Dog tags

The realization is nearly enough to stop your heart: your dog is missing. Someone left a door open, your dog dug a hole under the fence, or the roofer forgot to close the gate. Whatever the reason, it’s not an unusual occurrence.

You can prepare for this frightening possibility by getting an ID tag engraved with your contact information. Many local laws require that dogs wear ID tags, so you might need one to be in compliance.

What information do you put on the tag?

The only information that absolutely needs to be on the tag is a phone number and your dog’s name. Beyond that, the choices are endless and may include:

  • Complete address
  • City and state but no street address
  • Cell phone number
  • Landline number
  • Whether there’s a reward offered for your dog’s return

You can list whatever makes sense for your situation–just make sure it’s enough for someone to be able to reach you.

Where to get a tag

You can mail-order tags at pet supply stores or vet offices. Or buy personalized ones at engraving booths–look for them in pet supply stores or at pet shows and competitions.

What to look for in a dog tag


You have plenty of options while shopping for tags.

  • Material: Most are made of stainless steel, brass, aluminum, or brightly colored plastic.
  • Shapes: They come in basic shapes, such as ovals and rectangles, and whimsical ones, such as dog faces or bones.
  • Noseprint: Your dog’s noseprint can be imprinted on the tag.
  • Decorations: You can doll up your baby’s tag with rhinestones, enamel, semiprecious stones, and so on. Or get a tag with an embossed shape on one side (you could have a teddy bear on one side for your 100-pound Bear). Check advertisements in dog magazines for the fancy stuff.
  • Custom works of art: If you’re willing to spend the extra money, you can buy custom hand-engraved tags or unique pieces of art. Some of these cost a few hundred dollars.
  • Slide-on tag: This tag slides over the collar and has no connectors that can break loose.
  • Electronic tags: These contain detailed contact and medical information.
  • Lost pet recovery service: Some companies sell you their 800 number to list on your dog’s tag, instead of your own personal information. Anyone who finds your lost pup will get any necessary medical information about your dog when they call the number; meanwhile the company contacts you regarding your pet’s whereabouts.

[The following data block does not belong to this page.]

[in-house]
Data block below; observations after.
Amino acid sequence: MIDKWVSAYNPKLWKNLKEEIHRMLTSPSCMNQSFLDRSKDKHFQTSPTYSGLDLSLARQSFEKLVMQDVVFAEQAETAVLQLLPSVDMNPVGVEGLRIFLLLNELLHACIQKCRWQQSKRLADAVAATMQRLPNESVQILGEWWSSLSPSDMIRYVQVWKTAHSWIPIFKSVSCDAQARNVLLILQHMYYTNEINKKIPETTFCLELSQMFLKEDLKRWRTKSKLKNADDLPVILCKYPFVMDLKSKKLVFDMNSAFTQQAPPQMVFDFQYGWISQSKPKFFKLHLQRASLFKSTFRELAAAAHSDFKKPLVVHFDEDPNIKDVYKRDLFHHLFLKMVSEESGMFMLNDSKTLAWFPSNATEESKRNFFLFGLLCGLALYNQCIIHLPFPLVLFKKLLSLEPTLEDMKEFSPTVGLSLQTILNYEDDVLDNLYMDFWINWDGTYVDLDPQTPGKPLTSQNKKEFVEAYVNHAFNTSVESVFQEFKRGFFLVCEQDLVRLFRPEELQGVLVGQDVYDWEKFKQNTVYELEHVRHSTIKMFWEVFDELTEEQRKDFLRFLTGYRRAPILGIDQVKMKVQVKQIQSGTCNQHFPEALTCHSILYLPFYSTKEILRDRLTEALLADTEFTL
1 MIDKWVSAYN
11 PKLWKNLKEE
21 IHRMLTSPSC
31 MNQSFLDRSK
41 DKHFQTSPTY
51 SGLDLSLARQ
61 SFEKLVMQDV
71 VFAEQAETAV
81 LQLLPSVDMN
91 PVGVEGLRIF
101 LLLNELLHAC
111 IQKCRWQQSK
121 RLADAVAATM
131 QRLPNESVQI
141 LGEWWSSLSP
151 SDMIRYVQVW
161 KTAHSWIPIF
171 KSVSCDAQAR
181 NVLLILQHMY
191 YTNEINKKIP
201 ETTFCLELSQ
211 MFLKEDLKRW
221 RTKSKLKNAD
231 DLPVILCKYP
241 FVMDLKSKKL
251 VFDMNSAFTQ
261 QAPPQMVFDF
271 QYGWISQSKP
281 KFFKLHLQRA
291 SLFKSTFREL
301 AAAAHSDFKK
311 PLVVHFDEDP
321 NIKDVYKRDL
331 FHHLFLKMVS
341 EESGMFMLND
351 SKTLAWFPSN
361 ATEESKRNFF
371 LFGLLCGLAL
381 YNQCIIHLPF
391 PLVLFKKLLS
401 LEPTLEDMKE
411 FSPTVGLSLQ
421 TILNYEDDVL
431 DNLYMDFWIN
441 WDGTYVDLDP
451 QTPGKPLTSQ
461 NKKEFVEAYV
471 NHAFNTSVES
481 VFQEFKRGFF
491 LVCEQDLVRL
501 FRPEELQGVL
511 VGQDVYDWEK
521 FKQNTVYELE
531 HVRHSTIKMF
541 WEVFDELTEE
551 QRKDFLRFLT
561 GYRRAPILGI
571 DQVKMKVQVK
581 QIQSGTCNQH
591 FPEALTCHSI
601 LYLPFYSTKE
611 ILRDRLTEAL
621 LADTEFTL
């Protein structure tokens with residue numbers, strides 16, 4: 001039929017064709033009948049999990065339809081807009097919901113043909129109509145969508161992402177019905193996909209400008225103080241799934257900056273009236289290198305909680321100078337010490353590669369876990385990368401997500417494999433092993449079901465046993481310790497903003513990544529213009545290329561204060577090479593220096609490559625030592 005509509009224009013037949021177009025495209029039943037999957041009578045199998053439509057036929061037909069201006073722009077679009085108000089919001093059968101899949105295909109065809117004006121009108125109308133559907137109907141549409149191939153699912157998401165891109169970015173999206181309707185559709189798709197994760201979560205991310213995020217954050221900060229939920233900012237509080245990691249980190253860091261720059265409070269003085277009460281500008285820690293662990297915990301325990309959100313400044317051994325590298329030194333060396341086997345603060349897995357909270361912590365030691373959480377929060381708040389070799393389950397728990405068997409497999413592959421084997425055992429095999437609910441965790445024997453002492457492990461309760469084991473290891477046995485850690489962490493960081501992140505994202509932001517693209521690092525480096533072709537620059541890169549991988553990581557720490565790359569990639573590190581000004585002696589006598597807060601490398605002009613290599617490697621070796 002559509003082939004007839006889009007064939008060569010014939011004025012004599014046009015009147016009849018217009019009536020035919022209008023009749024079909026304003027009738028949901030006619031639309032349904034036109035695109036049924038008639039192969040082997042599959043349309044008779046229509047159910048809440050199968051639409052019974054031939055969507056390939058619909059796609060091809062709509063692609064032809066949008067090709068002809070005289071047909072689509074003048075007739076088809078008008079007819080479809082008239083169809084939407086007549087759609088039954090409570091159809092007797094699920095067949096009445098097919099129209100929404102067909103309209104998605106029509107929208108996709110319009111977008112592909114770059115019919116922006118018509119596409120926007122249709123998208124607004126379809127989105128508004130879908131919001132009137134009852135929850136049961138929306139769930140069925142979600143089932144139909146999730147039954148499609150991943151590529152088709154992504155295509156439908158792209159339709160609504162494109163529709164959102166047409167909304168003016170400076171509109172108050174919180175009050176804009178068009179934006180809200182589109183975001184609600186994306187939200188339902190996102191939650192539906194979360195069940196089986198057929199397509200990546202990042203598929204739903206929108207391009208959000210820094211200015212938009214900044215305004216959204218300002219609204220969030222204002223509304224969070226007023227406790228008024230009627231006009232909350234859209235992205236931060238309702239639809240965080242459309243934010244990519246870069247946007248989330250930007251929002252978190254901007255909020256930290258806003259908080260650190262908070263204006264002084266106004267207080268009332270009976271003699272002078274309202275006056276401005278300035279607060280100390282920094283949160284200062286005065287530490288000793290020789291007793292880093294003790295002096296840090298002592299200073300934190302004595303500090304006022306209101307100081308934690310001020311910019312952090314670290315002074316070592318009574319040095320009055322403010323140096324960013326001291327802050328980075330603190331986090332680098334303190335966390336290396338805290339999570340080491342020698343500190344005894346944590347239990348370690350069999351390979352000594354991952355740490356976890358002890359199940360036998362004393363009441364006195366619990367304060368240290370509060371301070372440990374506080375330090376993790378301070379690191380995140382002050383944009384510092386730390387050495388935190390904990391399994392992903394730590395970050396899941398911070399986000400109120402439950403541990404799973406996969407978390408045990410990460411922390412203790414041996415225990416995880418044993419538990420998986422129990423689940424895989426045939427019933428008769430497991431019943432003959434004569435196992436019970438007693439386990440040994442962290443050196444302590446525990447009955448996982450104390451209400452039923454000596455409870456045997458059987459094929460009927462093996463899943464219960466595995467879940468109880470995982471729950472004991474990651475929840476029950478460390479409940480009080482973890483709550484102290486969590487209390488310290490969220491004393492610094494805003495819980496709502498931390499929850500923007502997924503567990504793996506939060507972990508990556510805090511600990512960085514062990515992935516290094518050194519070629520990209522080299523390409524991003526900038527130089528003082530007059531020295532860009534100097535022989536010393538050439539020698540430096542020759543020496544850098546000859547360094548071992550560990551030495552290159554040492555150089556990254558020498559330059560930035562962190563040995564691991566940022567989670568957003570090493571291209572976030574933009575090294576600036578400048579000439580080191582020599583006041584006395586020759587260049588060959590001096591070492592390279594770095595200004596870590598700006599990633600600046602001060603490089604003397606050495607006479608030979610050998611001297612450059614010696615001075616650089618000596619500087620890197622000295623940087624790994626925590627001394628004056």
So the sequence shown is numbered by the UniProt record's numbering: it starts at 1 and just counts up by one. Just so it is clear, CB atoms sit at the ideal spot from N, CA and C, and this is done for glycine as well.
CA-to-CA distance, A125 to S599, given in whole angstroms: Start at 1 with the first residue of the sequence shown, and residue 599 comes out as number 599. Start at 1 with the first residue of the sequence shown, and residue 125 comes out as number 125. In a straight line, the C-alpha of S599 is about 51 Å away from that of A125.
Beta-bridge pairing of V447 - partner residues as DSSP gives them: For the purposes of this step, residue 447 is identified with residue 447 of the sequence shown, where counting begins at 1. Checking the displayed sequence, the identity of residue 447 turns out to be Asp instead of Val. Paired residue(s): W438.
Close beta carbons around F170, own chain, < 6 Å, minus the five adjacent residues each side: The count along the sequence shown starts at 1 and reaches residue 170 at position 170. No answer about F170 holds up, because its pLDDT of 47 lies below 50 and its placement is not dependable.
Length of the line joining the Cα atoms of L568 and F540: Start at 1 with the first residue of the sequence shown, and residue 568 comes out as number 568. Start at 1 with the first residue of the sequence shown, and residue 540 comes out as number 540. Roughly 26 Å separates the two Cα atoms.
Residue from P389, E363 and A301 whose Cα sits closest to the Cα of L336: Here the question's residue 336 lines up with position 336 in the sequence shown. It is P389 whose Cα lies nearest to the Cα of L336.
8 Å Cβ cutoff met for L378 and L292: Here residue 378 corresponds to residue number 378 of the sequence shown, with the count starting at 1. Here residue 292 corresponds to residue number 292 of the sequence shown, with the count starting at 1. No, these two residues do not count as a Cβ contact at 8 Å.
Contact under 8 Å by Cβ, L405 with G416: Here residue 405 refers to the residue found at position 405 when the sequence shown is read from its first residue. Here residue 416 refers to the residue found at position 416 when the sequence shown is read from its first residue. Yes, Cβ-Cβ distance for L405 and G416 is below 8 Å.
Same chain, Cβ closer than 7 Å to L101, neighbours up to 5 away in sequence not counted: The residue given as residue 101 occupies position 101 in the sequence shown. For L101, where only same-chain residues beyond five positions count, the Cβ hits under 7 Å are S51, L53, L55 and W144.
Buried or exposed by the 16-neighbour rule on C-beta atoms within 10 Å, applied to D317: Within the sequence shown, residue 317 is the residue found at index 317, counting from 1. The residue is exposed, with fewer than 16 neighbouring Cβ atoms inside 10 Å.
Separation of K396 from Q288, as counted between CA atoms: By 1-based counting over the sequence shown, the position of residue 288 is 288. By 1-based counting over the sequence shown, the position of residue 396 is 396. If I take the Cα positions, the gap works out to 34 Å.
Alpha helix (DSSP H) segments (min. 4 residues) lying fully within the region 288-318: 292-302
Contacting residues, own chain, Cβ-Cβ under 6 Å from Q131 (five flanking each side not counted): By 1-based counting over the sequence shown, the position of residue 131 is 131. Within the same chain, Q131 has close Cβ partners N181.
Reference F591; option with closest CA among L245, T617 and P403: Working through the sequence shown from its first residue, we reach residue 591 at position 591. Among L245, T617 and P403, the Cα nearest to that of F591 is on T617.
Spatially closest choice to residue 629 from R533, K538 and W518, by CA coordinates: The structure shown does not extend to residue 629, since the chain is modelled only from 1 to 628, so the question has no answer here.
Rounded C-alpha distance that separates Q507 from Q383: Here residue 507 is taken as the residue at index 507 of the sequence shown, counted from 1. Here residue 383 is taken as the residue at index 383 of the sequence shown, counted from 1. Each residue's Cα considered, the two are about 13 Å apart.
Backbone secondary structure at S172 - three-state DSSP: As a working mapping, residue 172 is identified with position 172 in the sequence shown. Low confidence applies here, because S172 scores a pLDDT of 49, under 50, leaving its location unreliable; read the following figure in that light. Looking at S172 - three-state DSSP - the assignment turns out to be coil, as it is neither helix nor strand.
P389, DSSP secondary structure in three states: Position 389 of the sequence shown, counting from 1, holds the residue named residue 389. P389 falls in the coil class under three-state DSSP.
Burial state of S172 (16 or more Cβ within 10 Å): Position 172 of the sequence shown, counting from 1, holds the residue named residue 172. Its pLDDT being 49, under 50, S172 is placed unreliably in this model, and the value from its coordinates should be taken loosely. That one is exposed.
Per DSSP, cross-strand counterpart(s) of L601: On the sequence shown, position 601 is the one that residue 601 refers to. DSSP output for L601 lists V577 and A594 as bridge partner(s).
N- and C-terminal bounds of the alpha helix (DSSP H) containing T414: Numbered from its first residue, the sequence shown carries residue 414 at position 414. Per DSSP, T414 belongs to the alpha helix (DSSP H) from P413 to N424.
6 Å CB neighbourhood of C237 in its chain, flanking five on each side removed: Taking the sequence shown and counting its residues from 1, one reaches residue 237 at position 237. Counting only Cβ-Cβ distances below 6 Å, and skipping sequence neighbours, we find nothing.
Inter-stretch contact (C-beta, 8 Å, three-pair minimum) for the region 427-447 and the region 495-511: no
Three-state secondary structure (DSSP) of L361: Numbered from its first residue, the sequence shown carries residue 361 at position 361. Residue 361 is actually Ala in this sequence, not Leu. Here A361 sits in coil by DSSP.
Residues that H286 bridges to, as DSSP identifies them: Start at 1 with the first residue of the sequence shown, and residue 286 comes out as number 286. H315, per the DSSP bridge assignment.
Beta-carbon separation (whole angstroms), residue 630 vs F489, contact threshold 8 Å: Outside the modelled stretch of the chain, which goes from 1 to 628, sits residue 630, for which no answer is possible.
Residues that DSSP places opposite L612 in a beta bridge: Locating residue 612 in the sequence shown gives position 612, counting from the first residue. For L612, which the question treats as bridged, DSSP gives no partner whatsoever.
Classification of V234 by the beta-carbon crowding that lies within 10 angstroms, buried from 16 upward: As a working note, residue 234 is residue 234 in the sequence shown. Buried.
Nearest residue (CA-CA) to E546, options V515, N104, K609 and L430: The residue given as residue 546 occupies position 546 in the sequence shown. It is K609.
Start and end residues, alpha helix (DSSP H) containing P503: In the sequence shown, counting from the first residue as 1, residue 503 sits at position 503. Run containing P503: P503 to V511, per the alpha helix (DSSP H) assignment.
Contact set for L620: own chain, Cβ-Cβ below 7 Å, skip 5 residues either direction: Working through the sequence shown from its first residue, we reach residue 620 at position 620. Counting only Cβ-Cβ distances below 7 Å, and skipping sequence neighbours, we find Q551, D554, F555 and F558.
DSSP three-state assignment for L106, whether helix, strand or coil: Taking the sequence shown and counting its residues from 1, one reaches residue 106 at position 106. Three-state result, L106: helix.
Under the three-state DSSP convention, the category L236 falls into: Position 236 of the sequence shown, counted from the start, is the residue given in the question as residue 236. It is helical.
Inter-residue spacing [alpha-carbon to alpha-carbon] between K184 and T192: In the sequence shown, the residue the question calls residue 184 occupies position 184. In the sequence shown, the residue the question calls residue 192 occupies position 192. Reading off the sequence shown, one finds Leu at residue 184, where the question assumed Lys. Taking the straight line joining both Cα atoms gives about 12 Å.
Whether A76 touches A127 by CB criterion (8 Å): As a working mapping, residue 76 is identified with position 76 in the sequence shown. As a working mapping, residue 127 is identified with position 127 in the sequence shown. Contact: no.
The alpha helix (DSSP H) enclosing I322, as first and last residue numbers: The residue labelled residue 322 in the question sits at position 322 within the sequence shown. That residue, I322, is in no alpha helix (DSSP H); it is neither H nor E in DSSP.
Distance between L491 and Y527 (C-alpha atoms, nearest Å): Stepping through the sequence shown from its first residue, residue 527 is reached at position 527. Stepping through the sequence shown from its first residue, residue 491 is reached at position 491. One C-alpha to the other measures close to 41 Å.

Tags typically range in size from approximately three-quarters of an inch to two inches wide. They have to be large enough for someone to be able to read them, and sized for your dog. Yorkies shouldn’t have to drag around two-inch tags.


It’s a good idea to check your dog’s tags about once a year to make sure that the connector’s still secure. The tag can’t help Lassie come home unless it stays on her collar. Also check for legibility in case the engraving has worn down so much it can’t be read.

Products that complement your dog tag

Collars can be embroidered with your dog’s name and your phone number in case the tag becomes disconnected from the collar. It’s easier to read the larger lettering on a collar than the tiny print on the tag located right below the teeth of a nervous dog.

For a high-tech option, try Zoombak’s Advanced GPS Dog Locator. Once the unit is attached to your dog’s collar, you’ll be able to use GPS technology to track your dog’s location and movements from your computer or mobile phone. If he or she gets lost or is stolen, you’ll be able to to easily track your dog down–assuming the collar is still around their neck!

What’s your favorite type of ID tag to use? What do you think of the new high-tech options? Post a comment and let us know.